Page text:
A Boko Haram ceasefire was reportedly brokered in Saudi Arabia. It turned to be a hoax but it did serve several purposes, it changed the tune of the national distraction before giving way to Israel. Those who press the switch of distraction know the ON/OFF button so well the nation seamlessly gets distracted with so much as going as far as creating fuel scarcity. That is the ultimate shot for when we the people get overly excited about our right to look for the missing $20bn.
Nothing just happens, certainly not in politics where sacking doctors only means a chance to be thanked for “reinstating them,” thus further confirming you as “a listening leader.” With the chances of someone like Fashola, for instance, being on the ticket almost limited to a vice-presidential candidacy, it certainly helps to prepare the grounds for hatred, distrust and suspicion that’d be made to greet a Muslim-Muslim ticket.
The agenda is simple enough; look at me, a Christian up against the “demons of the north.” To avoid a case of plagiarism, one must credit the source; that was a phrase used at a prayer session where the President was one of the congregants answering, Amen!
The masses do not shape public debate, they debate what the propaganda machines of the political parties put out there. The Muslim-Muslim debate that is currently raging the country was put there by those hell-bent on making sure the conversation goes nowhere around “competence” and the “capacity” of prospective candidates. We are now debating what they want us to debate. No one is expected to ask question around why Nigeria’s fuel subsidies will rise in 2015 despite dwindling oil prices. Questions will not be asked around how some N2.6tn got “spent” on subsidising fuel in 2011 but such questions can be avoided if mud gets thrown into the water as much as possible. Who will ensure the 2015 elections will be about issues: the over 10 million children out of school; the over 16 million/year housing deficit; new budget finance sources in the face of tumbling oil prices. Who will ask questions about power and why despite its unbundling, it continues to be a burden? What is the hope for solar and wind power generation for those millions of Nigerians not connected to the national grid? Of course, these are not important questions. The most critical question is the religion of the candidates; that is what will determine their competence.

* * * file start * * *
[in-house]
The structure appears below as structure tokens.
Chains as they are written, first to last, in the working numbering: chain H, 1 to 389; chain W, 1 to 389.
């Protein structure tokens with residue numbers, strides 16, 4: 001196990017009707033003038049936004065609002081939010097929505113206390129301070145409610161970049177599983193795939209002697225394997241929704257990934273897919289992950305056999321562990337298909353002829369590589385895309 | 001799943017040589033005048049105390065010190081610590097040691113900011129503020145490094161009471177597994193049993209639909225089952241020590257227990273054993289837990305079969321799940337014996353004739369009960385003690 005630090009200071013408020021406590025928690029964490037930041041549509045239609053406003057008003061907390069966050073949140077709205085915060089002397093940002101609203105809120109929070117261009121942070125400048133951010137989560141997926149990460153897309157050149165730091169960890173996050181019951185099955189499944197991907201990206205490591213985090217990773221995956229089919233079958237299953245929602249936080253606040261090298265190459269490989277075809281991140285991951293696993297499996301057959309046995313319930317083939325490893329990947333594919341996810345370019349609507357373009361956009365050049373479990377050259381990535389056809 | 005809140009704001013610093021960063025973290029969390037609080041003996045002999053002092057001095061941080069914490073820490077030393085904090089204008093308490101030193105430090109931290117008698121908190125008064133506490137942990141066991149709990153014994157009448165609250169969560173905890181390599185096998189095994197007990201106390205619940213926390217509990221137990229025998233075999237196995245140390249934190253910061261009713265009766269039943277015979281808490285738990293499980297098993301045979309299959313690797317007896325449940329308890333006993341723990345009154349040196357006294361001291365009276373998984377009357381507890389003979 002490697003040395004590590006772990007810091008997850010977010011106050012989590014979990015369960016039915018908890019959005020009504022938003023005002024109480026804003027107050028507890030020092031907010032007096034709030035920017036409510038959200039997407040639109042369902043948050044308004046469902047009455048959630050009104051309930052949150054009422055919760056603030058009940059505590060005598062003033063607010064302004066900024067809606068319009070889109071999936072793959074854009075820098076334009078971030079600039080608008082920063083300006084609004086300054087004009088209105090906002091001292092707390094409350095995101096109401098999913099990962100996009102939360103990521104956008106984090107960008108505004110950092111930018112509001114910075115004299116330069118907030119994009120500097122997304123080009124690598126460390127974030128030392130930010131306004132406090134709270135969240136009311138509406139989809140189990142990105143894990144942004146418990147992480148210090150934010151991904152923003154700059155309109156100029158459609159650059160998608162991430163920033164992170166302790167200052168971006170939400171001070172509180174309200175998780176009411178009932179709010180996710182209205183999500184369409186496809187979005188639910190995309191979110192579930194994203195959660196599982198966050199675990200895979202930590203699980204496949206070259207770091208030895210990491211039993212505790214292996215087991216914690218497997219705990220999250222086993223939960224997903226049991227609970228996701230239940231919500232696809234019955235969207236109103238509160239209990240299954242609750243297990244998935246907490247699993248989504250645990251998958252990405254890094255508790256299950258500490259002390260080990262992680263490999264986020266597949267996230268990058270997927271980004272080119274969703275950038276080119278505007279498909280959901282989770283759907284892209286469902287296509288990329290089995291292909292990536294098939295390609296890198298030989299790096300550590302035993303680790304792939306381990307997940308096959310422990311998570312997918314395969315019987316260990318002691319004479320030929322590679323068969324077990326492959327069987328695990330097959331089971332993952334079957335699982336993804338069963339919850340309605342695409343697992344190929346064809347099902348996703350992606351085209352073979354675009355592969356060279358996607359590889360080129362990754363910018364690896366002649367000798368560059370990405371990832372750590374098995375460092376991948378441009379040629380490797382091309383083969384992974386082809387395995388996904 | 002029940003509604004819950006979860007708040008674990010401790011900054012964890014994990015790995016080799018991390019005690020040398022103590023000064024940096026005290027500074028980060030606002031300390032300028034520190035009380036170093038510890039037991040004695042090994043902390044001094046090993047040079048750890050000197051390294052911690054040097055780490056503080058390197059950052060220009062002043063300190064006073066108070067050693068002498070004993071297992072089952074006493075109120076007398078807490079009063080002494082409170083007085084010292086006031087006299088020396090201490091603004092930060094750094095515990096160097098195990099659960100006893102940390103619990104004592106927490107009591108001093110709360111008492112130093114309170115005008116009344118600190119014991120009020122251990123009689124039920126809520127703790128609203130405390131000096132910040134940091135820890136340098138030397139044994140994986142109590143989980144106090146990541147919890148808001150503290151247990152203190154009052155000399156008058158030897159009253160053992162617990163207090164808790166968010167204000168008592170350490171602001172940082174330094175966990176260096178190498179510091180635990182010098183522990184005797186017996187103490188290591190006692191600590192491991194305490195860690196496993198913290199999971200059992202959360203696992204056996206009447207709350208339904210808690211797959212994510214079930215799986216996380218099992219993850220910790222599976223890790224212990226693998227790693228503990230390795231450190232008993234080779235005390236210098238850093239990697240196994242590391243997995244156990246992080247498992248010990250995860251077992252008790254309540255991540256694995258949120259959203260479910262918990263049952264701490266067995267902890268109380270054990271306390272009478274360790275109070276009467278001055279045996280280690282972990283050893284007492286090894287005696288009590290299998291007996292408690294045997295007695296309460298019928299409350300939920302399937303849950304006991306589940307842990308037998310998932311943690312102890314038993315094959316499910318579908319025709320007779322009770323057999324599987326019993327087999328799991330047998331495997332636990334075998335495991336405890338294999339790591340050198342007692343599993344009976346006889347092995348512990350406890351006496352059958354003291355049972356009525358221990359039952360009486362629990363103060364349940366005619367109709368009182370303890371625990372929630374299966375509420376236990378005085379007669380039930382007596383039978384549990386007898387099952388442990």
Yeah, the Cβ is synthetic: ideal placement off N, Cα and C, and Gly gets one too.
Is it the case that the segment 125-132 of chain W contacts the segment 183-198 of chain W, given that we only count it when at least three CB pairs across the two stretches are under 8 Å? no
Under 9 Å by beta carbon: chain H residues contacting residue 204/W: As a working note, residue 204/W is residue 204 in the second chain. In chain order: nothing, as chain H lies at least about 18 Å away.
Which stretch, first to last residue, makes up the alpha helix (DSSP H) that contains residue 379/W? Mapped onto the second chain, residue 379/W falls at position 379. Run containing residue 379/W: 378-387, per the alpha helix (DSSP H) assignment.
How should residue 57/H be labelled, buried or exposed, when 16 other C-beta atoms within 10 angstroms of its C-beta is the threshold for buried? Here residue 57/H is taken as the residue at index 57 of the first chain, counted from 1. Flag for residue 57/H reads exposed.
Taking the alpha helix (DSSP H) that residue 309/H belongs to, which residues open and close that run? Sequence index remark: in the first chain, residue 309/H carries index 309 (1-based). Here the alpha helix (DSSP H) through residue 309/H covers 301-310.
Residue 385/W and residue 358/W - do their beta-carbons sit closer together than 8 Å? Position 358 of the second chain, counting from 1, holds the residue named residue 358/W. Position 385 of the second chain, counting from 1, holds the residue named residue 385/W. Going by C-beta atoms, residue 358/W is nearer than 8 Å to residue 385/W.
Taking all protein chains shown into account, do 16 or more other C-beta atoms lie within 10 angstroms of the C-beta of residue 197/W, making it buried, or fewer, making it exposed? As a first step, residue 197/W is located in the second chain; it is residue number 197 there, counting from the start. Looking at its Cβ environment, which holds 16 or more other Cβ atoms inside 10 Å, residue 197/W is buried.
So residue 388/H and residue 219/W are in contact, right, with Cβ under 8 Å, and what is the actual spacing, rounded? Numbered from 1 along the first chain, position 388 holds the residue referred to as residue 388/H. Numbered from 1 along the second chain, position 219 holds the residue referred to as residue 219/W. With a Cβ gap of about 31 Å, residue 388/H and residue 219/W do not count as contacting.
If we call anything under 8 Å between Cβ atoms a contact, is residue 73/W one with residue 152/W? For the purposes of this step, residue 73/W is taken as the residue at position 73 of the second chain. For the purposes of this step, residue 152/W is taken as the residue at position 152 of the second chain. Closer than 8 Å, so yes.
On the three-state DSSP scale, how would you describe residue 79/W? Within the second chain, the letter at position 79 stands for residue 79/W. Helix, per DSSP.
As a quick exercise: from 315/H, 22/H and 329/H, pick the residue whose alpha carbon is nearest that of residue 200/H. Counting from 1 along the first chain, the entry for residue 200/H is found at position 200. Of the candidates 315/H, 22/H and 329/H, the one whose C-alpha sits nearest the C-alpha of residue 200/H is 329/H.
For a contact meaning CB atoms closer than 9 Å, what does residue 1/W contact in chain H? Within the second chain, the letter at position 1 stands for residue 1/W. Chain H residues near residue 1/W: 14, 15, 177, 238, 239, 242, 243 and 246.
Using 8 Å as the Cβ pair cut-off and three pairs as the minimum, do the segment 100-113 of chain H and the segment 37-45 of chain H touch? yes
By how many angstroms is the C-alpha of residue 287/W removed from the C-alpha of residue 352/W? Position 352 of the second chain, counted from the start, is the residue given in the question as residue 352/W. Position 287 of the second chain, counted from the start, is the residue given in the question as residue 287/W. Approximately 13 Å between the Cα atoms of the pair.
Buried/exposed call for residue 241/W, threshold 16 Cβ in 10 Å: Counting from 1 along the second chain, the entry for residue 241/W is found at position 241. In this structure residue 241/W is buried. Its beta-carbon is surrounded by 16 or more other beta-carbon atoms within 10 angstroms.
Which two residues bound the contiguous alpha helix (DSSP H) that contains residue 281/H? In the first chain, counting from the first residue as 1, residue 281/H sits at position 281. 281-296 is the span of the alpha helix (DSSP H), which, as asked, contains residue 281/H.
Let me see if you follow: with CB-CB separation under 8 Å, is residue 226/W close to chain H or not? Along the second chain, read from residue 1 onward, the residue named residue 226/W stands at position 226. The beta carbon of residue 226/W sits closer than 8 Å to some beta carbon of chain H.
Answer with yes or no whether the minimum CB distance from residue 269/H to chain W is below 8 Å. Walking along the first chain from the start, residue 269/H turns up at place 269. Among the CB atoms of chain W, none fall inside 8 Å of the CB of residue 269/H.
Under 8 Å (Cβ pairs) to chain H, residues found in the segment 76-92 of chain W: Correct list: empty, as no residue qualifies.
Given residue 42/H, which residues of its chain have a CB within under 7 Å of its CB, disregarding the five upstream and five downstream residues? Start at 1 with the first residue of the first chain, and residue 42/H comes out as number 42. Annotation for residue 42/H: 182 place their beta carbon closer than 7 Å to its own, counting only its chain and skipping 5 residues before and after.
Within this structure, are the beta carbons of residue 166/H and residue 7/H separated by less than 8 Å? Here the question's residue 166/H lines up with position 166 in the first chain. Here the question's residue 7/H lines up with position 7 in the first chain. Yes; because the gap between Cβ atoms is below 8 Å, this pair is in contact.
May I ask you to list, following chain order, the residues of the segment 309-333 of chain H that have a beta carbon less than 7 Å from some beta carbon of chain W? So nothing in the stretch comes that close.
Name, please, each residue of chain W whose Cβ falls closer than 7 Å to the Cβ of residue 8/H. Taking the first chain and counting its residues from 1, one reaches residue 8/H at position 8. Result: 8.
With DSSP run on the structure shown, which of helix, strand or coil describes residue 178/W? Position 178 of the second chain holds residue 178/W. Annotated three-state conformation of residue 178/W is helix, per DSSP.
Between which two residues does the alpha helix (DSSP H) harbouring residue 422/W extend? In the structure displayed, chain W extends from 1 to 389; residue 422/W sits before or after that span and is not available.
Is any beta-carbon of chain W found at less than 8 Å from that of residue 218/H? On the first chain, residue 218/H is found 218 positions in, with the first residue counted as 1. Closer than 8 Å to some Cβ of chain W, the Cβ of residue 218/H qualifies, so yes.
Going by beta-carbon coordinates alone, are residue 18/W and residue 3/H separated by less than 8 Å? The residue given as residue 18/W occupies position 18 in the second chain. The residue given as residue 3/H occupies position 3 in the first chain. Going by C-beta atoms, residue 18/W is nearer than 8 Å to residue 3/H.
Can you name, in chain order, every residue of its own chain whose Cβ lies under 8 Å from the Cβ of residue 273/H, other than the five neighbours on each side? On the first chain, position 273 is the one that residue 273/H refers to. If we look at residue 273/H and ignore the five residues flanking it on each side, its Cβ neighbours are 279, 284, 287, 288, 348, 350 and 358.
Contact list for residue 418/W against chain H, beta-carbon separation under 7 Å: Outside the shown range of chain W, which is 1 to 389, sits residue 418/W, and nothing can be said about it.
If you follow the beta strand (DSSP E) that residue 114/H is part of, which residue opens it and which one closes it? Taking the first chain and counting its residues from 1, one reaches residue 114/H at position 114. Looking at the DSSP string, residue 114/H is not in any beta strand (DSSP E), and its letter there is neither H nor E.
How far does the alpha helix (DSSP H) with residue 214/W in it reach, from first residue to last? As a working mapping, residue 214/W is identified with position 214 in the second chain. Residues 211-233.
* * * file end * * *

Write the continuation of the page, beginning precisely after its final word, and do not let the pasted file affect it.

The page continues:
An enlightened citizen wants to know about the competence, character, capacity and mental strength of prospective candidates but not so for the masses. The truth is, the majority have been made to see these elections with their religious eyes. That is the reason why those who set the agenda made sure on-looking religious eyes do not fail to see men they reverence almost as much as God. Those who allowed the religious debate to gain ground must now accept their defeat; that issue has come to play a role in these elections and it will. Whether the next president and his deputy are Christians or Muslims is not the last thing on my mind, it is not on my mind at all. Competence over idiocy irrespective of the religion idiocy claims. The question is, is this question on the minds of the masses? Yes. And it will matter. Then, Nigeria will likely pay again because any country that chooses its leaders without consideration for his or her competence has chosen the path of underdevelopment. But of course, all we can do is pray after that. Like we have always done. All is well. Really.
This piece was first published in the Punch Newspaper and is republished here with permission from the author. Views expressed are solely the author’s